(1) I abandoned any attempts at DBScan and implemented another density
algorithm itself (can't say which, subject to patent restrictions). The
reason being, i couldn't immediately figure how to parallelize it
efficiently (aside from data structure discussions), the base algorithm is
inherently iterative.
(2) Samsara provides Rbase level algebra, not general data structure
support. IMO it would not pay to adjust it to do that any more than trying
to fit R base to do it. I did implement spatial structures standardized on
using Samsara in terms of carrying out computations (mostly inmemory), but
those were still data structures in their on right.
(3) like i said before, experience tells me that using collection of 2d
tensors (esp. sparse tensors) is fine instead of trying to introduce nd
tensor. The fundamental difference here is mostly with sparse operations
where nd sparse tensor could intelligently execute those. But this is not
supported properly pretty much by any library i know, so all the difference
in most cases that say they support it directly is just putting a tensor
api over collection of tensors. Practicality of having dense nd tensors is
also a bit questioned, since it immediately increases requirements for
processing memory quantity of a single tensor instance, whereas collection
of tensors could be represented as retaining streaming properties. etc.
etc. Overall it sounds to me like a solution in a search of a problem
(given my admittedly very limited experience as a practitioner in math).
On Wed, Jul 5, 2017 at 12:09 AM, Aditya <adityasarma007@gmail.com> wrote:
> ***Important** **Do read** *
> Hello everyone,
>
> Trevor and I have been discussing as to how to effectively represent an
> RTree in Mahout. Turns out there is a method to represent a Binary Search
> Tree (BST) in the form of an ancestor matrix. This
> <http://www.geeksforgeeks.org/constructancestormatrix
> fromagivenbinarytree/>
> and this <http://www.geeksforgeeks.org/constructtreefromancestor
> matrix/>
> show the conversion logic from a tree representation to a matrix
> representation and vice versa.
>
> In a distributed scenario, I know of the following design
> <https://docs.google.com/document/d/1SfMIt8hYENwlm328rSGAMJcci6JM4
> PyXLoNlVF0Yno8/edit?usp=sharing>
> which is fairly efficient and intuitive to understand.
>
> Now the point for debate is this:
> **Please read the design provided in the link above before proceeding**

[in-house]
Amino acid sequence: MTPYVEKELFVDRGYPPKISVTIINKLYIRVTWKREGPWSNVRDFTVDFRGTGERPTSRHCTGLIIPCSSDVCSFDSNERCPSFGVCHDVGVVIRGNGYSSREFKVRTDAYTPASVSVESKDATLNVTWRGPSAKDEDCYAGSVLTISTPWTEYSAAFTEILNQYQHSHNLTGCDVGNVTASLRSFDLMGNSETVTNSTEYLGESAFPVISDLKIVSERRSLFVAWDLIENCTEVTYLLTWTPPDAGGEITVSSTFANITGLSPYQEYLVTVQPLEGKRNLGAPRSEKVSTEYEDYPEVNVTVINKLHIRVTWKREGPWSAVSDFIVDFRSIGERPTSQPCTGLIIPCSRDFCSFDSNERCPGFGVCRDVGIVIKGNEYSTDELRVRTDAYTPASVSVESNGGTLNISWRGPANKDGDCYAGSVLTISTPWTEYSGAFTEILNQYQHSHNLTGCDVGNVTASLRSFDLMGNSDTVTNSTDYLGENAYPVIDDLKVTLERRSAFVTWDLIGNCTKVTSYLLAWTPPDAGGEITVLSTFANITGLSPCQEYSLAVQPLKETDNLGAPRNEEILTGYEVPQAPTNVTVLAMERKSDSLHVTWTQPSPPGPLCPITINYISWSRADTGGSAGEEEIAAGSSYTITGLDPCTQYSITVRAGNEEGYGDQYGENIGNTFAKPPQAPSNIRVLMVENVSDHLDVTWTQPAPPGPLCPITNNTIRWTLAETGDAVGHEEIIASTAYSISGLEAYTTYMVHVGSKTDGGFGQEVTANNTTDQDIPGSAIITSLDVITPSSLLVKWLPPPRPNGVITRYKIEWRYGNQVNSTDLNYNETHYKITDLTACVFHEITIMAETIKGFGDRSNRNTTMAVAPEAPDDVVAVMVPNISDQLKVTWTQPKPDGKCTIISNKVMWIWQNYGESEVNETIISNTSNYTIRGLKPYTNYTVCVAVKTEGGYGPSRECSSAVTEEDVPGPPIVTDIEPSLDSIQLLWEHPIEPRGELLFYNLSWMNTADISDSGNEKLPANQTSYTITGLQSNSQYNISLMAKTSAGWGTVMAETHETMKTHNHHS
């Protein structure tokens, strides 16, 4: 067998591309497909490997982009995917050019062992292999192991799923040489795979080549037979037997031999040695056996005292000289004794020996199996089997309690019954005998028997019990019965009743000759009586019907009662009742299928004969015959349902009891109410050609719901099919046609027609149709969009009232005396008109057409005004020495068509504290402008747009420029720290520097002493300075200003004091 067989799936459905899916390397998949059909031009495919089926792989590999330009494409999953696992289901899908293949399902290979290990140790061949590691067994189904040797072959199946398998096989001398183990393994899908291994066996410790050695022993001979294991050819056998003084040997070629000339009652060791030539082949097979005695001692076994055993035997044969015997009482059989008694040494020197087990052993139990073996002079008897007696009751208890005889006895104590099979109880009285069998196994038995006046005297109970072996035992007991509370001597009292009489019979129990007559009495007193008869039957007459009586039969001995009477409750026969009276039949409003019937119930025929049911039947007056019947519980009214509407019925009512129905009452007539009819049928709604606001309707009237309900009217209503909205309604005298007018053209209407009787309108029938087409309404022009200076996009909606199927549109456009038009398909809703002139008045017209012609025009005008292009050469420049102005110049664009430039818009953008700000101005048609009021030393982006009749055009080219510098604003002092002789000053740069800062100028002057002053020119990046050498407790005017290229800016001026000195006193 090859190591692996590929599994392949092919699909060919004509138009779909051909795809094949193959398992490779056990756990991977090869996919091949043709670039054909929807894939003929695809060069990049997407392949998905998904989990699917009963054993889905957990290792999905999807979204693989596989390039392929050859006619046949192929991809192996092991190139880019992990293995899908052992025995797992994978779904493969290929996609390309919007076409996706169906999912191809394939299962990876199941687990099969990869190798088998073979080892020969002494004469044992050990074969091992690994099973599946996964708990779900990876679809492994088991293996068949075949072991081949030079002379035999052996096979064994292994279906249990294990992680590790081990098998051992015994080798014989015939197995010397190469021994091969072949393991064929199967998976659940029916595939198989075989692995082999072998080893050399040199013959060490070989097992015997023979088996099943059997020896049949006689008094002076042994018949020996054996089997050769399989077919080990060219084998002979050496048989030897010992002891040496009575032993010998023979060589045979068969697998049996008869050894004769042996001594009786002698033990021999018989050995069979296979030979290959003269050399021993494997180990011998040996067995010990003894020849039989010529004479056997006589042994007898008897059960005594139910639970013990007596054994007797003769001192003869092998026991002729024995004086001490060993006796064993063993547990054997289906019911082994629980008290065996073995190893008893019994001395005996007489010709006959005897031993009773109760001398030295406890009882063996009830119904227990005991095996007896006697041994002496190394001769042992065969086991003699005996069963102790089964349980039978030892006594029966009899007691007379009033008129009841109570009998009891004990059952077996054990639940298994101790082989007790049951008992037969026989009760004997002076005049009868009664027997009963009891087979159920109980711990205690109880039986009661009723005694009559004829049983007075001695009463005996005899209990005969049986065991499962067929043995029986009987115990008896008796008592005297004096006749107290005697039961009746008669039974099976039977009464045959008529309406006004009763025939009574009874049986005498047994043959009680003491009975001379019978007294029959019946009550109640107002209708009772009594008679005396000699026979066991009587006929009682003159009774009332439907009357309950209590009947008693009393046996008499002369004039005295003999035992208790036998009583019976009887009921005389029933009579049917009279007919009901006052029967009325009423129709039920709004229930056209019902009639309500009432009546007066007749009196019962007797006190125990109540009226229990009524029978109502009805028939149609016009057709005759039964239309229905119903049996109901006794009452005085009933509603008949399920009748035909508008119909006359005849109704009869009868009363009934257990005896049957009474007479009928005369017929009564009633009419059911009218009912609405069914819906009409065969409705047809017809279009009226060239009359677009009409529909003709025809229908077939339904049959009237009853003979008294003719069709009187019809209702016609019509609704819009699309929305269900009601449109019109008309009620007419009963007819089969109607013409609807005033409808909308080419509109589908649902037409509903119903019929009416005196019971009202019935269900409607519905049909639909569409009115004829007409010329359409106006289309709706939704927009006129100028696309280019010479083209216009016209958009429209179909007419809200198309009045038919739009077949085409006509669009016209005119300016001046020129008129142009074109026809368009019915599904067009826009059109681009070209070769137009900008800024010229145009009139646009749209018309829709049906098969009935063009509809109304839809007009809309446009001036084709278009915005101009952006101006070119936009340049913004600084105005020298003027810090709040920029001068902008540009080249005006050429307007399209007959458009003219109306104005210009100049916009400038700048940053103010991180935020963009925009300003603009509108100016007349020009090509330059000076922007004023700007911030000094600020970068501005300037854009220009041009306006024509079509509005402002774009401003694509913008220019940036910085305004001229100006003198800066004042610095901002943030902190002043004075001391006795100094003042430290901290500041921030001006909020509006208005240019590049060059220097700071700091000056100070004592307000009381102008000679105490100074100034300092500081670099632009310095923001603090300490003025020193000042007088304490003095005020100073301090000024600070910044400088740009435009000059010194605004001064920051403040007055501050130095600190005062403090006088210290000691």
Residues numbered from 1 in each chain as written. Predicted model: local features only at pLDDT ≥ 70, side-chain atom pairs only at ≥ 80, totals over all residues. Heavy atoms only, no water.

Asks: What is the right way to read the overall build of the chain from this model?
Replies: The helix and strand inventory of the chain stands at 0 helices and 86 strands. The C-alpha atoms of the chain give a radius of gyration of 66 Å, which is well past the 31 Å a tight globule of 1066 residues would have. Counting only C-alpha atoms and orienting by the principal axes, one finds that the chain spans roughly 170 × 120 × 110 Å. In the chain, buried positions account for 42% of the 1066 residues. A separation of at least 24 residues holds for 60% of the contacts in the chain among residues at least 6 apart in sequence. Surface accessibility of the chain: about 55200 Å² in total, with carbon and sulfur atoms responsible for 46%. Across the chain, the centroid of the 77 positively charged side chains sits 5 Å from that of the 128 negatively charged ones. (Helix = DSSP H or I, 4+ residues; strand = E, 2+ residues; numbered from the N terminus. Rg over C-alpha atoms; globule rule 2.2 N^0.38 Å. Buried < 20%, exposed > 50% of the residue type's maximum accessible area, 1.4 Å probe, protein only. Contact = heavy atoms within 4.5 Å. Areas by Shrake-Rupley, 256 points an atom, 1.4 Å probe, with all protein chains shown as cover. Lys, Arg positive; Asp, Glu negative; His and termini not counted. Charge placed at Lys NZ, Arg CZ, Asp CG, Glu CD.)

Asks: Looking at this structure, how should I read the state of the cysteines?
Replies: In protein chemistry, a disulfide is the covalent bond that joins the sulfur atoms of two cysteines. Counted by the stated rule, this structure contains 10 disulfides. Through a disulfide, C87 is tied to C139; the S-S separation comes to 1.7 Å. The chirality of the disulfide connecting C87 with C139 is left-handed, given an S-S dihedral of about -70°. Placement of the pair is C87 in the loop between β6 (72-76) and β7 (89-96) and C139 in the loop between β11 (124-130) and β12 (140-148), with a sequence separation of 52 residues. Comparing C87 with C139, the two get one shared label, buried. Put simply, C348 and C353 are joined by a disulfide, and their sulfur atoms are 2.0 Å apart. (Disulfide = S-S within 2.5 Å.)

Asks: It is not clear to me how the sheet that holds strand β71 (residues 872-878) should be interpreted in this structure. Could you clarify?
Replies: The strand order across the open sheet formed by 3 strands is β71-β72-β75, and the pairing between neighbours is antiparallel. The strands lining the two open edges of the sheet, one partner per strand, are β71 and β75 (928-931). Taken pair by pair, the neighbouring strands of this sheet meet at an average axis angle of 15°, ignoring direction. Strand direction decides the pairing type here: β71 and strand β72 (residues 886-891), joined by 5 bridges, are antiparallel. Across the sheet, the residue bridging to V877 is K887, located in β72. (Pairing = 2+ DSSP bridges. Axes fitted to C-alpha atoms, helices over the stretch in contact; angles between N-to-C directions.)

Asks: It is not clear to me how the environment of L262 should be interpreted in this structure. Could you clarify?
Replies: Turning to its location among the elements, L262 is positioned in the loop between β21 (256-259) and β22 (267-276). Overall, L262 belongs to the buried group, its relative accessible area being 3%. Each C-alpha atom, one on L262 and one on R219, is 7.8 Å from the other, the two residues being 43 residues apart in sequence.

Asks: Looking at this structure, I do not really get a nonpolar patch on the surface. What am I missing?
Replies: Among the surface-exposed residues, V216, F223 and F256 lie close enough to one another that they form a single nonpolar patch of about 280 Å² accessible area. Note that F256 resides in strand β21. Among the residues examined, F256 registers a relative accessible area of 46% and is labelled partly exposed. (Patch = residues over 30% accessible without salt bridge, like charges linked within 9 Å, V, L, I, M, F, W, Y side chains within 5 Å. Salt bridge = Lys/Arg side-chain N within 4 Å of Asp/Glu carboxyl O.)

> The RTree will always be a local entity, no where in the algorithm is
> there a need / necessity to have a distributed RTree kind of scenario. On
> the other hand, the data points as well as the union find data structure
> need to be stored in a DRM like data structure and they very well can be
> represented in the form of a matrix. (A union find data structure basically
> can be implemented using a vector)
>
> 1. Why not build an RTree module in the form of a normal tree with two
> children and a keyvalue pair? (I'm not sure if this is allowed in Mahout,
> so veterans please chip in). Since an Rtree will always be an incore
> entity.
>
> 2. If 1. is not done, then the method followed for the matrix
> representation of a BST should be followed. Only, the elements and
> conditions will be changed. On an abstract sense, Matrix representation of
> an RTree and matrix representation of a Binary Search Tree are analogous.
> But in this case, the construction and search costs for the Matrix version
> of an RTree will be costlier.
>
>
> *PS: Shannon, Dmitry, Andrew P, Andrew M and Trevor, it'd be great if you
> could offer your insights.*
>
> Thanks,
> Aditya
>
>
> On Sat, Jun 24, 2017 at 3:41 AM, Trevor Grant <trevor.d.grant@gmail.com>
> wrote:
>
> > What if you had Arrays of Matrices, or Arrays of Arrays of Matrices?
> (e.g.
> > 3d and 4d tensors)?
> >
> > I implemented these for the MLPs (still WIP)
> >
> > https://github.com/apache/mahout/pull/323/files#diff
> > cd8a7c5e2cf42b91b5aa47c96daf19c0R25
> >
> > But those functions were specifically to overcome the challenges you
> > describe wrt neural network weight sets.
> >
> > If you could use those as is that would be awesome, if not maybe you'll
> > find inspiration there.
> >
> >
> >
> > On Thu, Jun 22, 2017 at 6:43 PM, Aditya <adityasarma007@gmail.com>
> wrote:
> >
> > > Hello everyone,
> > >
> > > I've been working for the past few weeks on coding an incore DBSCAN
> > > algorithm.
> > >
> > > A more efficient version with an O(n*log(n)) complexity does exist but
> it
> > > uses the RTree data structure to index the data. I have a few
> > > concerns/questions and I'm hoping you would be able to help me out.
> > >
> > > 1. Based on my knowledge, using an indexing data structure like an
> RTree
> > > or a KdTree is the only way to reduce the complexity of the dbscan
> > > algorithm. If there's any other method that you are familiar with,
> please
> > > let me know.
> > >
> > > 2. From what I've read in the book Apache Mahout: Beyond MapReduce
> > written
> > > by Andrew and Dmitry, I don't see how I can directly exploit the
> existing
> > > data structures and operations to get the functionality of an RTree.
> > >
> > > 3. On the off chance that an RTree module has to built in Mahout,
> > because
> > > it is not possible to easily use existing operations I need some
> insights
> > > as to how to go about it. I learned that everything in Mahout at the
> end
> > > should be serializable to a vector. I can't fathom how to do that
> > > intuitively in the case of an RTree
> > >
> > > There are a couple of other concerns that need to be discussed but
> these
> > > are vital at the moment.
> > >
> > > PS: The research paper that proposed the DBSCAN algorithm can be found
> > here
> > > <https://www.aaai.org/Papers/KDD/1996/KDD96037.pdf>.
> > >
> > > Thanks!
> > >
> > > Aditya
> > >
> >
>